Every month, I get a letter in the mail that's sealed with a wax stamp. If a roommate fetches the mail on the day it comes, I usually also get a "What's that?" and a nose over my shoulder. I tear open the envelop, pop the seal, and skim the words on the page before folding it again. Then it goes into the pile of assignments and projects in progress on the floor by my bed. It may stay there for a few weeks, or sometimes more than a month, when my life is especially hectic. Then I pick it up - two at a time, occasionally - and spend half an hour soaking in a story.
The letters come from author Catherynne M. Valente's Omikuji Project, a monthly mailing which includes a short story from her that's not published anywhere else. It's a bit like getting treasure in the mail, and it's one of a small handful of things that I do purely for my own enjoyment. It won't further any of my writing or knitting or god-knows-what-else projects, help me finish my schoolwork, or help me unpack stress like TV zombieing does. It serves no purpose in my life whatsoever, except to make me slightly happier.
And that it does damn well. Even when I don't have the time to spend half an hour on something completely non-goal-oriented, I have a wax-sealed letter next to my bed reminding me that a new story is waiting for me. The prose is always gorgeous, and the subjects roam frequently into mythology and fairy tales, which I love. This month's offering did a new take on Snow White, which is one of my favorite stories to see revisited (see also: unconditional love of The 10th Kingdom miniseries), and it felt like an unintentional birthday gift. A dangerous gift, though, since Valente's descriptions always make me want to do elaborate Arthur Rackham-style watercolors and woodburnings.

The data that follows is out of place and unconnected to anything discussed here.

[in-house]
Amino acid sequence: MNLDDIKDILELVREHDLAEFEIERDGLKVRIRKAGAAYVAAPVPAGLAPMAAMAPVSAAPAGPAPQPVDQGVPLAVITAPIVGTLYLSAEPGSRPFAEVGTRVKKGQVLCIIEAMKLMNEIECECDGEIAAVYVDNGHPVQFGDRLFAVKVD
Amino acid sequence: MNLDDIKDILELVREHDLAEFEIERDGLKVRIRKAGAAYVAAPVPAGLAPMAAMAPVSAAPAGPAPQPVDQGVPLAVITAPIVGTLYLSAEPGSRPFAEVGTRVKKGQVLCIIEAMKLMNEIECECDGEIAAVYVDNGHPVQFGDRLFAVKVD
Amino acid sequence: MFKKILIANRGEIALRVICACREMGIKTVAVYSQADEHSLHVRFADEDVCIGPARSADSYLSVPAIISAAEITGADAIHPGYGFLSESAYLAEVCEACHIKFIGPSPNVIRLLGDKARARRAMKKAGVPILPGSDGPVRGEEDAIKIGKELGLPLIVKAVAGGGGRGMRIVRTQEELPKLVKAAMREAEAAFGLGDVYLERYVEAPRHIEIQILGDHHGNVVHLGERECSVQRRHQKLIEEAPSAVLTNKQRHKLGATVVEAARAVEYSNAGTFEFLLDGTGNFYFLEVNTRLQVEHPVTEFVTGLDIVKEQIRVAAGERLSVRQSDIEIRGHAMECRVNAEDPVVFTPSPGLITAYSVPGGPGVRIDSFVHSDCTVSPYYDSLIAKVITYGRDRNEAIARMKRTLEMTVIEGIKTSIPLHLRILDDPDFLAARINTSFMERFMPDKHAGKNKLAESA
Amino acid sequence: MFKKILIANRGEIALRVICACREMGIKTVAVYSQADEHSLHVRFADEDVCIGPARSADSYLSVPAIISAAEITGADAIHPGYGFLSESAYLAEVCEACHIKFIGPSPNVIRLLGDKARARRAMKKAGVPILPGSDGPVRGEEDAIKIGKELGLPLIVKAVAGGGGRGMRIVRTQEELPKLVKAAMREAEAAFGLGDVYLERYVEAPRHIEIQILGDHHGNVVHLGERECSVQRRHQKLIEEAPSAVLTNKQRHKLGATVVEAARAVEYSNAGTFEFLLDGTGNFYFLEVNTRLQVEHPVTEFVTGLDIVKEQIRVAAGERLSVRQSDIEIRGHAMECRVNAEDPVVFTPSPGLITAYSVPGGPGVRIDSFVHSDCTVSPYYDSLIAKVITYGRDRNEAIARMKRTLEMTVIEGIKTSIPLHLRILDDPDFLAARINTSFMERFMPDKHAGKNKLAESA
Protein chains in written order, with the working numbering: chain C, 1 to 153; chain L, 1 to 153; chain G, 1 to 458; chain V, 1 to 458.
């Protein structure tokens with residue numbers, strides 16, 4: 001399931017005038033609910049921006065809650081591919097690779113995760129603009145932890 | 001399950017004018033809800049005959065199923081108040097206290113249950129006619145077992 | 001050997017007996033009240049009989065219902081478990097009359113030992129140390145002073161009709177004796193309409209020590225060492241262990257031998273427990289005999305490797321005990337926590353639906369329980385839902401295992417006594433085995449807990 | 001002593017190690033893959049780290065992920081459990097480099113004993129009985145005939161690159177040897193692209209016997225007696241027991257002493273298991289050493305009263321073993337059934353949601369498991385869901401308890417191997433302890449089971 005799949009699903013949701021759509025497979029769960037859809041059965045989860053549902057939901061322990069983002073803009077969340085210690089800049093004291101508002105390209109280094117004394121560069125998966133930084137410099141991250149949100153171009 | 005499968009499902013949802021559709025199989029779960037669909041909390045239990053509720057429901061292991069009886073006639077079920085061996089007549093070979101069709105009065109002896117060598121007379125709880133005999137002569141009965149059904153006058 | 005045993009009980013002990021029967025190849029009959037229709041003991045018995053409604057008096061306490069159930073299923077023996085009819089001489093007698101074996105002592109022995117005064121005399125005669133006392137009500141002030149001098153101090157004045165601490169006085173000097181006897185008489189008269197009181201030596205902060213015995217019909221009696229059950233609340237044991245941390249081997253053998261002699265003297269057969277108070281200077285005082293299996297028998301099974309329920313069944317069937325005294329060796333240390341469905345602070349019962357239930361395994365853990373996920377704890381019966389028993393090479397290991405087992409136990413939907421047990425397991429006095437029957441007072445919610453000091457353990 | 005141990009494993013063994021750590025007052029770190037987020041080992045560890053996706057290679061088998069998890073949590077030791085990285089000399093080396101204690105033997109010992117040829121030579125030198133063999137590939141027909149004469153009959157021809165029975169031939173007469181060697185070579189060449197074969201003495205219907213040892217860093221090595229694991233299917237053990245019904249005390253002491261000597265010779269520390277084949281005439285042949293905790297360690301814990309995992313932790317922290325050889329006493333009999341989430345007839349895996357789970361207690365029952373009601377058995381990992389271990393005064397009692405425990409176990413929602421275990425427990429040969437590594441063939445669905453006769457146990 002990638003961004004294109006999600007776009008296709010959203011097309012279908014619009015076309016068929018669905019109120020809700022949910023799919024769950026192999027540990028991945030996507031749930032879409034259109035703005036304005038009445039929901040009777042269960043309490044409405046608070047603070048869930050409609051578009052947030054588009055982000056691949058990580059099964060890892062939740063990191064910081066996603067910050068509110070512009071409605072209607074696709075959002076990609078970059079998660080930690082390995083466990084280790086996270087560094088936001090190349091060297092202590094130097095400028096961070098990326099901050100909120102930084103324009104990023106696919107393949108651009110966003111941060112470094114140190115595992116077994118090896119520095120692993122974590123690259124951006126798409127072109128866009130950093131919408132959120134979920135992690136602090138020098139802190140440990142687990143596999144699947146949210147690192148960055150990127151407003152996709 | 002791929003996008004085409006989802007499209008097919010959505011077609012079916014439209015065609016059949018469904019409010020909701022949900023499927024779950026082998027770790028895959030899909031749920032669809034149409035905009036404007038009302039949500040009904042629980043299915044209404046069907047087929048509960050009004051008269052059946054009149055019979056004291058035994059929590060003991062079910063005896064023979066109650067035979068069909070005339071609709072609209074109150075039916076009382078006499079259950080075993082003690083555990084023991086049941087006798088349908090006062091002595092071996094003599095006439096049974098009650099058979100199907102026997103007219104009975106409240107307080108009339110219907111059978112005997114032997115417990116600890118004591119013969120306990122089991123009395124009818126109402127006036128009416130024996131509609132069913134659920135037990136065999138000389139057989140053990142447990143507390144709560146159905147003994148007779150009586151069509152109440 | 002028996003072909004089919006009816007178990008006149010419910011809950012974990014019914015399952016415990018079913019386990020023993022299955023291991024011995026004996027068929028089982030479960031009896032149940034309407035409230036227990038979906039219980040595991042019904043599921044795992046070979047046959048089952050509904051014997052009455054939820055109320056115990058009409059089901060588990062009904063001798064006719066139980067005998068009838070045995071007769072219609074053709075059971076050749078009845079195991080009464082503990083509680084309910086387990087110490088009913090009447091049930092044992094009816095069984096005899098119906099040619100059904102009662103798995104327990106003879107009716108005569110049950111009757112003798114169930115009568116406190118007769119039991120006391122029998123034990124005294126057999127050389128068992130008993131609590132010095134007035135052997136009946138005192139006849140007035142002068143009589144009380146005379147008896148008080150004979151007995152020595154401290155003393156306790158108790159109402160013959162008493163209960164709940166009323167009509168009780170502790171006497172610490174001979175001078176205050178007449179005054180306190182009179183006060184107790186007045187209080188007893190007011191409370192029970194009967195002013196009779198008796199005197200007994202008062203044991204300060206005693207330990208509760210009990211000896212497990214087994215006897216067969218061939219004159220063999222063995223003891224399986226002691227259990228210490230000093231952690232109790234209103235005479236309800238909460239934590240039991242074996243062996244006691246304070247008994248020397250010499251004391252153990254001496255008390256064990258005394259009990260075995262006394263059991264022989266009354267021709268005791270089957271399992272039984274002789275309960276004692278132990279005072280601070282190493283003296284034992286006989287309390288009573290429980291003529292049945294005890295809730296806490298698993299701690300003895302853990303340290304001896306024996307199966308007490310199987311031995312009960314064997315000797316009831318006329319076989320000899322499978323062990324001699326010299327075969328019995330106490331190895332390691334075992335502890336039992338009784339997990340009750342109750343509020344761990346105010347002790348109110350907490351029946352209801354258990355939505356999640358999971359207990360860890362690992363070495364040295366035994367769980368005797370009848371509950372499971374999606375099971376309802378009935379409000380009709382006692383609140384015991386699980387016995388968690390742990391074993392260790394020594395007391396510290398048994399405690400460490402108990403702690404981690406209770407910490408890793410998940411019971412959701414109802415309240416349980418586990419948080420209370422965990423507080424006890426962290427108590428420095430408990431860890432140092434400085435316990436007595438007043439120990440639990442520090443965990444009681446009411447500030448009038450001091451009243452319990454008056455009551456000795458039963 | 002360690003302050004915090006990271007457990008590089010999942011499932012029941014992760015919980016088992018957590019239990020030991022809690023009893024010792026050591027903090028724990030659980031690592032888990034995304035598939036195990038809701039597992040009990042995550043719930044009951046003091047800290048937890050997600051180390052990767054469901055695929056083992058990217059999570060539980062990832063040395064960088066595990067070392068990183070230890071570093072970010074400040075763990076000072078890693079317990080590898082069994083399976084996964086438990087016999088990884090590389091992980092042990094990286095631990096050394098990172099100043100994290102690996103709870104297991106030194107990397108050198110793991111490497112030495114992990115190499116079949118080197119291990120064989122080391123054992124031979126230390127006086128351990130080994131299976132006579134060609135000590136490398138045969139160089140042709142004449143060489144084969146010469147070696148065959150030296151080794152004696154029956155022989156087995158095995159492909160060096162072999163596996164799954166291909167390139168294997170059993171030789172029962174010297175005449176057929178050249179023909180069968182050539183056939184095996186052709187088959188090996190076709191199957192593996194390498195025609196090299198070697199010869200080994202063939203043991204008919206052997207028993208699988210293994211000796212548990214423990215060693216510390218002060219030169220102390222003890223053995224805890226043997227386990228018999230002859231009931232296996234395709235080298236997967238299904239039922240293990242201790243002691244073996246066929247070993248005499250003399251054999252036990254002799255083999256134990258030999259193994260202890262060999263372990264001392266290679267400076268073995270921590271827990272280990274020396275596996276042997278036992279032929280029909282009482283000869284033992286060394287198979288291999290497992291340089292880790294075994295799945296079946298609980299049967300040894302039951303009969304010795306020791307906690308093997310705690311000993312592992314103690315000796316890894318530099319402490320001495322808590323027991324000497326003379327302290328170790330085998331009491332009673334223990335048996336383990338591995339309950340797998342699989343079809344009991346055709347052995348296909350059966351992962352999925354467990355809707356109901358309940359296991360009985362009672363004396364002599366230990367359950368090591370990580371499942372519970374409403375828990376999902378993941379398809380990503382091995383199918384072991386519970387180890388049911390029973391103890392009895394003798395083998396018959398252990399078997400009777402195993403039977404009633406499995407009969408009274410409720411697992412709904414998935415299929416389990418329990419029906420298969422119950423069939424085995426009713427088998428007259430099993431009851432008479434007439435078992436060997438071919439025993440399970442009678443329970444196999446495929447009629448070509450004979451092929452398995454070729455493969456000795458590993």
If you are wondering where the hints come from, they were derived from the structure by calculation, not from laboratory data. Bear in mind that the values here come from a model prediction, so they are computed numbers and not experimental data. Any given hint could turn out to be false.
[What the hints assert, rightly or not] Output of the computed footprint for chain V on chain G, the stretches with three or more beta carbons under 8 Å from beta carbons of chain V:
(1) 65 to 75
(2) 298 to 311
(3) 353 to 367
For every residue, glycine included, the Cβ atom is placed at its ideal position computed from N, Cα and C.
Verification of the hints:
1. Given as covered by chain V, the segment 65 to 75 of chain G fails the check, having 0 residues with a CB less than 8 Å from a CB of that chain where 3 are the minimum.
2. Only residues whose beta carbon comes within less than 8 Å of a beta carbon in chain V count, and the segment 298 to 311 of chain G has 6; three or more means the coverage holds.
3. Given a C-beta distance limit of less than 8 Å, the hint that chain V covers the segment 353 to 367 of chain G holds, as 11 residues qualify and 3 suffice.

At any rate, I gave in to Amazon today and bought Valente's latest novel, which was just released: Palimpsest, a story about a city that's passed from person to person via sex, imprinting part of its map on their skin and leading them into its streets in their dreams. The concept is really cool, and I have it on good authority that the book itself is fantastic. When I first started reading Valente's blog, this little book was a manuscript quickly approaching a deadline. It's always a treat to read a book whose inner processes I've glimpsed ahead of time - sort of a literary "Ha, I've seen you naked." Which, for this book...well, how appropriate.
This one's not going into the usual pile of unread books on my trunk. When it comes in the mail, it will be placed amidst the clutter on the floor by my bed to wait for me. I have a week off class coming up next month, and around that time I plan to pick up Palimpsest and read it purely for my own enjoyment. (I also fully intend to carry it around in my bag and blush while reading it in public.)
Now, if only Amazon had a "Seal with a wax stamp" gift-wrap option.